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The majority of the solder volume of the CS connections 180 comes from solder bumps 120 formed on the chip die 101 (see
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The thickness h1 of first decal 210 is preferably greater than the thickness h2 of second decal 220 (e.g., h1≧2×h2). For example, the thickness h1 of first decal 210 may be in a range from about 30 microns (μm) to about 100 μm, and the thickness h2 of second decal 220 may be about 30 μm or less. It is to be understood, however, that the invention is not limited to any particular dimensions for the first and second decals 210, 220. Preferably, first decal 210 has a thickness h1 that is at least equal to a minimum diameter of an opening 211 within the first decal. A height of the opening 211 in the first decal 210 is substantially the same as the thickness h1 of the first decal 210. Likewise, a height of an opening 221 in second decal 220 is substantially the same as the thickness h2 of second decal 220. By virtue of the thickness of at least first decal 210, the first decal, along with second decal 220, is adapted to contain a large volume of solder.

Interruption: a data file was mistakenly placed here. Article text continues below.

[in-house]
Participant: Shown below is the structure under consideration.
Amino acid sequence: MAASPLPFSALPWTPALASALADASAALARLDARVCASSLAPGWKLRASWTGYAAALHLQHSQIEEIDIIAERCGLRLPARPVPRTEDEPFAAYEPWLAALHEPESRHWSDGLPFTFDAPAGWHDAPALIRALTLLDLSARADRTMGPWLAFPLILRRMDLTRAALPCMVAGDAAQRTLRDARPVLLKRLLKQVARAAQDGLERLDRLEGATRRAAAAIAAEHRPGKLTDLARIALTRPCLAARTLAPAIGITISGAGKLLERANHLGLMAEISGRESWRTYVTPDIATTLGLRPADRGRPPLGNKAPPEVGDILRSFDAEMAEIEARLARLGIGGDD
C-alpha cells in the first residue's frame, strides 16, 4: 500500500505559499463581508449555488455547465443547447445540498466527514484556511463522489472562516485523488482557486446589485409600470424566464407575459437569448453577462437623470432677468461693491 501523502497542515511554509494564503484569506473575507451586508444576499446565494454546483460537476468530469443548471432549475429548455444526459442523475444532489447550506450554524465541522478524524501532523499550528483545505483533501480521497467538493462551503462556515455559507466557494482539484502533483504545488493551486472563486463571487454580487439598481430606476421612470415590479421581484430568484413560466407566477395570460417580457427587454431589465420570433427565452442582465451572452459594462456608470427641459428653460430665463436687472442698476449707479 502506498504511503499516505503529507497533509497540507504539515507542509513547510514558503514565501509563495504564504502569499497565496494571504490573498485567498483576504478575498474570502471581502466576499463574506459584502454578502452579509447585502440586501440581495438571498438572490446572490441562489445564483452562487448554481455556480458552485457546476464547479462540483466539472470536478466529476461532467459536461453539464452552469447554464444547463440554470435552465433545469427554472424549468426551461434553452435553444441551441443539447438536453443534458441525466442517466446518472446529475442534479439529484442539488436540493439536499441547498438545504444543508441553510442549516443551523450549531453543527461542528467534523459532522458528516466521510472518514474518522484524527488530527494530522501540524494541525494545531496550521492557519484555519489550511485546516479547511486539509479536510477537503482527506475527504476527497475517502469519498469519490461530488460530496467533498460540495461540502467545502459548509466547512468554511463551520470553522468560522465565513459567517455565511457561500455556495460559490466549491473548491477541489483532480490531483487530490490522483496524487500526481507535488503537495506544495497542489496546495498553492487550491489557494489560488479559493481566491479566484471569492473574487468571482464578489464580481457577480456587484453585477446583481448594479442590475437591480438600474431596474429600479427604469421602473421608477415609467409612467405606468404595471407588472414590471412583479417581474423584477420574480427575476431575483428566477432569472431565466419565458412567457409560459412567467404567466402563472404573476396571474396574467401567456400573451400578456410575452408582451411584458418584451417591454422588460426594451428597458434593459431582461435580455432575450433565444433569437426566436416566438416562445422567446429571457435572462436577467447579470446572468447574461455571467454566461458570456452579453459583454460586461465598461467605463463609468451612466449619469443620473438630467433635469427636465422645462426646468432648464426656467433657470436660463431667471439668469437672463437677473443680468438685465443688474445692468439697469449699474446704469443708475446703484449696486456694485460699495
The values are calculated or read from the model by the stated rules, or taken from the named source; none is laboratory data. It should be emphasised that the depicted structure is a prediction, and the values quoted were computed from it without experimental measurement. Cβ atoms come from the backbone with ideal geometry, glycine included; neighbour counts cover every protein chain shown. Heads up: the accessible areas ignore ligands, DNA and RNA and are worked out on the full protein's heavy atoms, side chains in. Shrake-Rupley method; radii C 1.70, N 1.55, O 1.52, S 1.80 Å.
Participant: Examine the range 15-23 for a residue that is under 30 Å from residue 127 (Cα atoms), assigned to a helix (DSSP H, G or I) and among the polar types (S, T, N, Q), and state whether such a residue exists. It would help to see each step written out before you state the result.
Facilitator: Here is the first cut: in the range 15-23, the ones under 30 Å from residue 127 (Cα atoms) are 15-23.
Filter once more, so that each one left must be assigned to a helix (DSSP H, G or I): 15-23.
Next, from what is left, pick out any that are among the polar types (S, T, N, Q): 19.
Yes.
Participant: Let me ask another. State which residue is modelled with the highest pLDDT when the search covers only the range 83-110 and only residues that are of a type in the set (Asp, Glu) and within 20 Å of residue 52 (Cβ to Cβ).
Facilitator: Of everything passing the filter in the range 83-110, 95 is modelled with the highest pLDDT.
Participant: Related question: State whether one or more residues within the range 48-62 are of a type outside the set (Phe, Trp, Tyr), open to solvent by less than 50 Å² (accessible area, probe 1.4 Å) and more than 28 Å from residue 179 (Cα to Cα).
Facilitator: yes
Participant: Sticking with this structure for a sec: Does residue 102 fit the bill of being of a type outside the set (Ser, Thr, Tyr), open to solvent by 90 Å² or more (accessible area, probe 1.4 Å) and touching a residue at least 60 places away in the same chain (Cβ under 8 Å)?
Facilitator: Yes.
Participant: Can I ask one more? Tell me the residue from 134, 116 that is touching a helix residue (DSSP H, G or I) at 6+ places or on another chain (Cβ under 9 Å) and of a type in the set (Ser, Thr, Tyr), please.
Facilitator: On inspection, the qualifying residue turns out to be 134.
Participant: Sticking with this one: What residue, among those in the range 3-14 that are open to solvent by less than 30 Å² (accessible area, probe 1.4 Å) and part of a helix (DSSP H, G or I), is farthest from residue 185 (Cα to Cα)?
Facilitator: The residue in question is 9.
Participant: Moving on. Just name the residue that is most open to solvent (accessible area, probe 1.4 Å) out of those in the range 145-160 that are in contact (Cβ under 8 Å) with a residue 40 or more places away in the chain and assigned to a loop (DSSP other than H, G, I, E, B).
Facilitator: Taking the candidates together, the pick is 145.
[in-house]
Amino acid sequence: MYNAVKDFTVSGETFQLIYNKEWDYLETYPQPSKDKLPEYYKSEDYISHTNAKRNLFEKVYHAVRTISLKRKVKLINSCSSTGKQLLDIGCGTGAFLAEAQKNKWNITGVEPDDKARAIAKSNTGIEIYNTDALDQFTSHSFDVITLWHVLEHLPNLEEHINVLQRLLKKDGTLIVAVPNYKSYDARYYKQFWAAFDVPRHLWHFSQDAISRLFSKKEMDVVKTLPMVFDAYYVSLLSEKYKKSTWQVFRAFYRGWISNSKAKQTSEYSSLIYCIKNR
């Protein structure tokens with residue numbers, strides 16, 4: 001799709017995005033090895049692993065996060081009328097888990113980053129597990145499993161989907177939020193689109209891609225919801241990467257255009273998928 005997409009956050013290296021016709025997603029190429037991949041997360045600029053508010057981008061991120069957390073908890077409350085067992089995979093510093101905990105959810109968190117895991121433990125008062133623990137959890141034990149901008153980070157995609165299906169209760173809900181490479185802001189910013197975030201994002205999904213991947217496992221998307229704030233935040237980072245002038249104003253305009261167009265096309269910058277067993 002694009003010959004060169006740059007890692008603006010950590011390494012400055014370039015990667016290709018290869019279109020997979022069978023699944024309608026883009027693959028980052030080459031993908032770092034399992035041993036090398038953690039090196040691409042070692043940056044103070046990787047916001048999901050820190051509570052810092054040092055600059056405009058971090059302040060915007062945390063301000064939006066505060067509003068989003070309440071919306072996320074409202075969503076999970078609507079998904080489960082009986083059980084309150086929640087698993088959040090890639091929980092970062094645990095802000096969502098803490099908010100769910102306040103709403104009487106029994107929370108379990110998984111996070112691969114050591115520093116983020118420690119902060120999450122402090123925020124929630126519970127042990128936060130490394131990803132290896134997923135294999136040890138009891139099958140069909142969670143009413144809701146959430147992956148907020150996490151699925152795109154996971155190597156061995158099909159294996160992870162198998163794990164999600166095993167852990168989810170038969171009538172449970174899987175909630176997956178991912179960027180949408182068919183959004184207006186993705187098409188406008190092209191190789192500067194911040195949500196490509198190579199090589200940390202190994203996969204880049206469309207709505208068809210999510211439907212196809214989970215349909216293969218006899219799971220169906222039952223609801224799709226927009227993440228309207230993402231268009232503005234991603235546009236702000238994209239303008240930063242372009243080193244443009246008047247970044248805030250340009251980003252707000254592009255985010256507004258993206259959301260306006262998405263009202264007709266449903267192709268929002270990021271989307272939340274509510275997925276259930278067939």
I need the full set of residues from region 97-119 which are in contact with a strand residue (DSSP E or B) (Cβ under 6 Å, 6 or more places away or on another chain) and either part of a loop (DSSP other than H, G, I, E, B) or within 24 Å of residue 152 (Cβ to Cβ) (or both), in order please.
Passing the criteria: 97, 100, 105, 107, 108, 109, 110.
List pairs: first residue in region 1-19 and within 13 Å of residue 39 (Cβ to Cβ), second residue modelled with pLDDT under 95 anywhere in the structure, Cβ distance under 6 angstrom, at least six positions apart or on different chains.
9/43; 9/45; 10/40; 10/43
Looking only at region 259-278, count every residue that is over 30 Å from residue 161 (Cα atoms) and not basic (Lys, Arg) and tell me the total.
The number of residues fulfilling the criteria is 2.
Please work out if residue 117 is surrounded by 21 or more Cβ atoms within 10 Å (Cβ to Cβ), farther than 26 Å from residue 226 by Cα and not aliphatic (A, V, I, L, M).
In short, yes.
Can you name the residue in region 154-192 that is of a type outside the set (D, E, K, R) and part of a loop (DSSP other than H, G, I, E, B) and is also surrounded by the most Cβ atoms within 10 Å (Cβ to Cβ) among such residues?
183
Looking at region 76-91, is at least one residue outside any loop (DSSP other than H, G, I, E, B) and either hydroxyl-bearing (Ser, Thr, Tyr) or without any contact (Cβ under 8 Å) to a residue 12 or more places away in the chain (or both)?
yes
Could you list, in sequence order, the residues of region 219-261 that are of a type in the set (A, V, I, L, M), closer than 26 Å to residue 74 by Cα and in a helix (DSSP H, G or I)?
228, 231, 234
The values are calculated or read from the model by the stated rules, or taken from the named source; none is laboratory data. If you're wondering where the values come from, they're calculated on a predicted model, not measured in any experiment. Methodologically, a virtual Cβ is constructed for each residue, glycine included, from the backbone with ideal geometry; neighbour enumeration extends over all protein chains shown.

Decal solder alloy carrier 205 is preferably formed of a material that is non-wettable by solder alloys typically used in the semiconductor technology field, i.e., a material that has no metallurgical affinity with, and thus does not metallurgically bond to the solder alloy. In one illustrative embodiment of the invention, decal solder alloy carrier 205 is formed of a material having a relatively low thermal expansion coefficient, particularly a thermal expansion coefficient sufficiently lower than that of a target substrate onto which the solder alloy is to be transferred. In an illustrative embodiment, the decals 210, 220 are comprised of, for example, a polyimide material such as Kapton® (a registered trademark of E.I. du Pont de Nemours and Company). First decal 210 need not be formed of the same material as that of second decal 220, although the first and second decals may be formed of the same material. Suitable materials for forming the decal solder alloy carrier 205 include, but are not limited to, polymer, silicon, germanium, gallium arsenide, glass, quartz, and like materials and/or compositions.